d here that a small, light-draft Canadian steamer has been seized off the coast of Maine by a United States revenue cutter. The steamer had on board about ten thousand Springfield muskets, clothing, boots, bank-note paper, caps, and munitions of war. She was cleared from Canada, and the cargo was consigned to parties in the Southern States. Maryland Delegation in Congress. Washington, Dec. 2. --The representatives present in the House to-day; from Maryland, were Messrs. Calvert, May, and Leary, who voted to lay on the table the resolutions of Mr. Eliot, of Massachusetts, declaring that the President, and the officers in command under him, have the right to emancipate all the staves in any military district in a state of insurrection against the National Government. Confiscation of a Southern vessel. New London, Ct., Dec. 2. --The bark Samuel Moxley, partly owned in Apalachicola, Fla., was seized to-day under the confiscation act by the collector at this port
Federals have nearly finished the Green river bridge. It was reported by a gentleman just returned from Cave City that the Federals had begun to erect fortifications on the ground where Col. Terry fell. This is not very probable. Dispersion of Dutch Cavalry. It was rumored in Hopkinsville, a few days ago that six hundred Dutch cavalry were in Crittenden county, on their way to Princeton. Two companies of Col. Forrest's famous cavalry, under the commands of Capts. Overton and May, were promptly dispatched in pursuit of them. They, however, were unable to overhaul the flop-eared thieves.--Scenting danger from afar, the vile robbers betook themselves to their mountain fastnesses, and thus escaped the punishment which their villainies so justly merit. Infamous Yankee outrages. Since the signal defeat of the Lincolnites at Sacramento, the troops at Calhoun have been perpetrating every species of outrage that their cowardly hearts could plan or their Yankee ingen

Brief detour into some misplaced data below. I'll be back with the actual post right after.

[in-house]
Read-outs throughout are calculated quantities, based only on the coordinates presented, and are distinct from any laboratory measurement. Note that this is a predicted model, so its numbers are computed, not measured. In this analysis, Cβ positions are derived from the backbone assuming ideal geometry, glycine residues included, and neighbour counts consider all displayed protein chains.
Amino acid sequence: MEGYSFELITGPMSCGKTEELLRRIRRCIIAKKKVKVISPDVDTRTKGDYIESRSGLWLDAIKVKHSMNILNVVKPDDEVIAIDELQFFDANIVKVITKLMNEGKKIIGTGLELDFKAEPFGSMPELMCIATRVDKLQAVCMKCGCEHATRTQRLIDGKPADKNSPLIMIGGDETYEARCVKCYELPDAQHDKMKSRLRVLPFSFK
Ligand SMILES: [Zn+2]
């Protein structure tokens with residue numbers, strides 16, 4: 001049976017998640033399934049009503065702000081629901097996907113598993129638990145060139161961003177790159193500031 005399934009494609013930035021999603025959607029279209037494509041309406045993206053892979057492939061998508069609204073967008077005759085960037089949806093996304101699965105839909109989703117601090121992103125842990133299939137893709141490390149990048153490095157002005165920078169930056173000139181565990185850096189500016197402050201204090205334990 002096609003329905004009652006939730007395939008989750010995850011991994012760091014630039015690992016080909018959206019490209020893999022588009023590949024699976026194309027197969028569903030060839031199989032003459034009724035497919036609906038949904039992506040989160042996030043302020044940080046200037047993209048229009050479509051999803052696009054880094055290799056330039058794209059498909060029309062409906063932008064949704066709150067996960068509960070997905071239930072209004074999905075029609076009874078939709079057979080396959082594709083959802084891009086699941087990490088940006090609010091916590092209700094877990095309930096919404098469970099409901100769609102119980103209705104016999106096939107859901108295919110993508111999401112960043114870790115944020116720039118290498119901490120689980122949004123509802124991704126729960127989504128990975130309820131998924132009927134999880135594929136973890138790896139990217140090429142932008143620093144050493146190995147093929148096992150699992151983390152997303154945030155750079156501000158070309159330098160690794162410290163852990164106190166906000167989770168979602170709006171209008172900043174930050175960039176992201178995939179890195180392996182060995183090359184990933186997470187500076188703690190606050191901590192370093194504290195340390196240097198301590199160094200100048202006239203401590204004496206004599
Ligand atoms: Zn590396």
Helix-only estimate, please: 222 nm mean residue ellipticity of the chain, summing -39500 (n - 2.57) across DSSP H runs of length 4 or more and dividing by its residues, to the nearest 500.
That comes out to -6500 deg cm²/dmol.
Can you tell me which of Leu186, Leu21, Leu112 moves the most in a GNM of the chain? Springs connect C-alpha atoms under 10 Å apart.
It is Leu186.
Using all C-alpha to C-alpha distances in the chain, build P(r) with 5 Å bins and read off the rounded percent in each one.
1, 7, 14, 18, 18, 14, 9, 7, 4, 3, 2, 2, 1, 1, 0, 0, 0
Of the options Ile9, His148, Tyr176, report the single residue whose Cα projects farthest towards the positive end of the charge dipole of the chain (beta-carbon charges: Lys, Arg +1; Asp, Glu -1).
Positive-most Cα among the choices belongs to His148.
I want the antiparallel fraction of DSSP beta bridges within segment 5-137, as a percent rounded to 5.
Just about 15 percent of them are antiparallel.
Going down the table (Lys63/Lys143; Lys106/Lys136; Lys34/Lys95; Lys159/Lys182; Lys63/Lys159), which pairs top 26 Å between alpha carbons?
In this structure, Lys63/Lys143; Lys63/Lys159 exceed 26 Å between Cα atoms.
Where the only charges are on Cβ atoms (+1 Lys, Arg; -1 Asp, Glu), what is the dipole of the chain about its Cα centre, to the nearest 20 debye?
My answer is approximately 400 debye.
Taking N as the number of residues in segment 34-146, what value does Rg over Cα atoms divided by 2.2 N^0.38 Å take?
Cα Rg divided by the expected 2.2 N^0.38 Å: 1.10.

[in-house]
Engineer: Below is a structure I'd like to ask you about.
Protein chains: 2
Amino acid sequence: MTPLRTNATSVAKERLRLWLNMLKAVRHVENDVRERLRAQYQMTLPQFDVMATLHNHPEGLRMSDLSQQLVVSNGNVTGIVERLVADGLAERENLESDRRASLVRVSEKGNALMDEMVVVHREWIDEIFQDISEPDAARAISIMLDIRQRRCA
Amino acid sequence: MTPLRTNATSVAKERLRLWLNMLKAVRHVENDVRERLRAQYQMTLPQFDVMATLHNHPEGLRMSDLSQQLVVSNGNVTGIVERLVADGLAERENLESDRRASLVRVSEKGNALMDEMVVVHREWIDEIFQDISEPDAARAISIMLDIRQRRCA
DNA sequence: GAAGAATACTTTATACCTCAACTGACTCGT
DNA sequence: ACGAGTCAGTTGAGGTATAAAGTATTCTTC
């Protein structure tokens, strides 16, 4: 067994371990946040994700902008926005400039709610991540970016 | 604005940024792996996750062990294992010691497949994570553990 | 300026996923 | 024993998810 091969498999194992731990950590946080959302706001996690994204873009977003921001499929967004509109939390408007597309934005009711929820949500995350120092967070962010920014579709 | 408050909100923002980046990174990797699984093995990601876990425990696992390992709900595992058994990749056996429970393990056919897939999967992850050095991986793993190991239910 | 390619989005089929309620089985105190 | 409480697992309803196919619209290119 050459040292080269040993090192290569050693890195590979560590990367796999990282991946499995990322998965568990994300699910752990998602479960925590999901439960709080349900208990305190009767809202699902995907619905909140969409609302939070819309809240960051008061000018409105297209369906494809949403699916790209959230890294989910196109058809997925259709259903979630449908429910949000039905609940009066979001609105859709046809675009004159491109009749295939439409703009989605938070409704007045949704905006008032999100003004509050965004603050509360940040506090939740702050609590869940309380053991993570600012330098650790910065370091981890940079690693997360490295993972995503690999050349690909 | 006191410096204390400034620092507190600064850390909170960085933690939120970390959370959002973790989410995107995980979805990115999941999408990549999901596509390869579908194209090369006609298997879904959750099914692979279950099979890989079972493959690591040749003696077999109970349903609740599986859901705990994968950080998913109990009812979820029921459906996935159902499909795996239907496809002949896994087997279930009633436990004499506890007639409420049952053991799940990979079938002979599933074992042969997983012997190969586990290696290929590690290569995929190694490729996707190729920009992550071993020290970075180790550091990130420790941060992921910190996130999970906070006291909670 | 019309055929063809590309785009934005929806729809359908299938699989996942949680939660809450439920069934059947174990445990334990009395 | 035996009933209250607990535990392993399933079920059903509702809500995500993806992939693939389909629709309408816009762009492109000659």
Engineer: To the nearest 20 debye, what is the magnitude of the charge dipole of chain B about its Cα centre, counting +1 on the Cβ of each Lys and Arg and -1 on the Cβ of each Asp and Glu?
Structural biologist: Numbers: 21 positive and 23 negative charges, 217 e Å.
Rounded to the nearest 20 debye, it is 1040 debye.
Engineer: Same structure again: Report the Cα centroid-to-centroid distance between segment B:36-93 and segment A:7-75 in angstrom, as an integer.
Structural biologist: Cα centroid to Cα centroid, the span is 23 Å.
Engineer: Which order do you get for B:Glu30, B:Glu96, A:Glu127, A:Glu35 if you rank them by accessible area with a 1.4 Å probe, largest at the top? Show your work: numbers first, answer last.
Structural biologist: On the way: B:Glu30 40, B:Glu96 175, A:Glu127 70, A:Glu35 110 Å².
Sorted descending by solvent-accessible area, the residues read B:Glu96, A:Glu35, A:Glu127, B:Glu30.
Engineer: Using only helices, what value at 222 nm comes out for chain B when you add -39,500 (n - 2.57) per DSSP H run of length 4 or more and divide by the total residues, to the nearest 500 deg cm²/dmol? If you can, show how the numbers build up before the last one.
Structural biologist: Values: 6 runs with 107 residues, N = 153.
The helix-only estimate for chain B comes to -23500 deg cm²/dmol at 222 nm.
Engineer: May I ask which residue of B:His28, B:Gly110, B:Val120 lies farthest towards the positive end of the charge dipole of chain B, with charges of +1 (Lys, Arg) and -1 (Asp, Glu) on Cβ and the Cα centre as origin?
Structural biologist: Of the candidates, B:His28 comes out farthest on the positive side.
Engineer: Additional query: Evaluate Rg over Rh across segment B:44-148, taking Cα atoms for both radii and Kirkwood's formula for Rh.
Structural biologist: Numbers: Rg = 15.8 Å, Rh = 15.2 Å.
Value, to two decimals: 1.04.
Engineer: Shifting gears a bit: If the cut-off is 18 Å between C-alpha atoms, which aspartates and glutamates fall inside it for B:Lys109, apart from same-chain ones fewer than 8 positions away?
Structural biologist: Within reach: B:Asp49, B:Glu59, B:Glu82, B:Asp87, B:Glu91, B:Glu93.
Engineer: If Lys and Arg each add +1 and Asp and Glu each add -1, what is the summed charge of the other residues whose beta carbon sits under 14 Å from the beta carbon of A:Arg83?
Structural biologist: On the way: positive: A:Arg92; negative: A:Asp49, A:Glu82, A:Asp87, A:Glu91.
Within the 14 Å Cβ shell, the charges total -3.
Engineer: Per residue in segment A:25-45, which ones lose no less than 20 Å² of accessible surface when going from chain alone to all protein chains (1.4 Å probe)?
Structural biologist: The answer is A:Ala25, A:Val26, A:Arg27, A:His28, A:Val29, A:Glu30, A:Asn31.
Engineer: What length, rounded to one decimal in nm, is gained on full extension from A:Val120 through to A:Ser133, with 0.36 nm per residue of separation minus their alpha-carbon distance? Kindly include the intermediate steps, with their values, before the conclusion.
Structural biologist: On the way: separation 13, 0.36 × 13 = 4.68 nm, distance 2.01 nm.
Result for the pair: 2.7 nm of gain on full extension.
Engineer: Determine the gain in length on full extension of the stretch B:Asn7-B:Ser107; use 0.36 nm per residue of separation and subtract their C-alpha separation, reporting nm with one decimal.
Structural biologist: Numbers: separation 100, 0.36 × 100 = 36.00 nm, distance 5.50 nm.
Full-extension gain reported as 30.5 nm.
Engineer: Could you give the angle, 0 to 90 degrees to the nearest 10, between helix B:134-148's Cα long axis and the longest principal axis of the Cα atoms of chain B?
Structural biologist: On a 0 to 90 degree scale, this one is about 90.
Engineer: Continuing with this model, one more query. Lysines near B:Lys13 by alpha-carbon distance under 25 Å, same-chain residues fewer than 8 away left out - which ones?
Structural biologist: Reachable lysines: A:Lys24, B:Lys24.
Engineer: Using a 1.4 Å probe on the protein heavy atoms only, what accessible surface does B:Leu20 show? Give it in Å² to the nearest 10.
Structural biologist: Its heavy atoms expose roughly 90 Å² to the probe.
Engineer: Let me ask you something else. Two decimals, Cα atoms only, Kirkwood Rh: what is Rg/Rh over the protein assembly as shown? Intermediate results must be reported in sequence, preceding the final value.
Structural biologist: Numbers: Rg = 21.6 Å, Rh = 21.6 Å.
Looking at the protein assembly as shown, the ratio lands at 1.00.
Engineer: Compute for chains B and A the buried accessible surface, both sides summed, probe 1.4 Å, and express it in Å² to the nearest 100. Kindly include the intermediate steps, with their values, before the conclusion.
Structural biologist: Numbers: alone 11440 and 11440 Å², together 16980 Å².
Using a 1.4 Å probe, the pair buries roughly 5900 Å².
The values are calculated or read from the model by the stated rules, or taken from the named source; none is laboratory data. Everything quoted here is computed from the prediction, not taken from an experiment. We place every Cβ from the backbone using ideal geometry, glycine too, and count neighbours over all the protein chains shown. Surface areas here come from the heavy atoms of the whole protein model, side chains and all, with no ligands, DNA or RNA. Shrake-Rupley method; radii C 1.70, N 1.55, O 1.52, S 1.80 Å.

The body lay in a parlor, encased in a metallic coffin and looked very natural. Upon the case were laid wreaths of camellias and white roses in evergreens. The services were conducted by the Rev. Mr. Washburne, of St. John's Church, assisted by Assistant Bishop Williams, and the Rev. Messrs. Abercrombie and Fisher. The Episcopal burial service was read, and the pall bearers, Gov. Thos. H. Seymour, Hon. Henry C. Deming, E. K. Root, James H. Ashmead, A. W. Birge, Horace Lord, of this city; Col. May of Palo Alto fame, (of New York,) and Chas. Woodbury, Esq., of Boston, bore the body to the tomb, which is situated near the lake upon the grounds surrounding the house — Here there were prayers, and then the remains were lowered to their final resting place. The armory band played a solemn dirge, and the vast concourse dispersed. The services were not concluded until a late hour.--Among the notabilities present besides the gallant May, there were Col. Deming, of the Twelfth Regiment C
the 8th. Captain Thomas discovered the advanced guard of the enemy about 15 miles from Piketon. I went in person with Capts. May and Hawkins, with their companies of infantry, and Lieut. Van Hoor, with 20 mounted men, to the position of Captain Thos number, but not to attack the enemy's full force. At half-past 1 o'clock, on the 9th inst., the enemy moved up to Capt May's position with a force of sixteen hundred men and a battery of six pieces; and were received by 250 rifles and shot gunported to me that the enemy were advancing in full force on the Johns's Creek road with great rapidity, I then ordered Captains May and Shawhan and all the outposts in, I made a display of the forces in Piketon, sent the exhausted infantry in the dirilled, with the usual proportion of wounded. I cannot speak in terms of commendation too high of the gallantry of Captains May, Thomas, Hawkins, and Clay, and Lieut. Van Hook and Sam. Clay — indeed, the officers and men behaved with so much cour
tes, to Secretary Seward, and to Major Gen. Butler. He has done more for the cause of freedom and American nationality than all the other newspaper editors in the State of Louisiana. We trust that President Lincoln will, in some signal way, evince his appreciation of the pluck of this brave editor. Long may The True Delta live. "Red Bill," the terror of New Orleans, was captured on the night of the 7th inst., at Lake Salvador, about twelve miles from Carrolton, by Lieut. Duane and officer May of the Fourth District Police, assisted by Lieut. Finnegas, of the Union Army. He is known to have committed several murders, and is now charged with drowning a German for cheering the Stars and Stripes on their appearance before the city. Three guerrillas were caught at Baton Rouge on the 8th inst., and conveyed to New Orleans. As a result of continuous, day after day reports of National defeats before Richmond, St. Charles street, near the hotel, (through the machinations of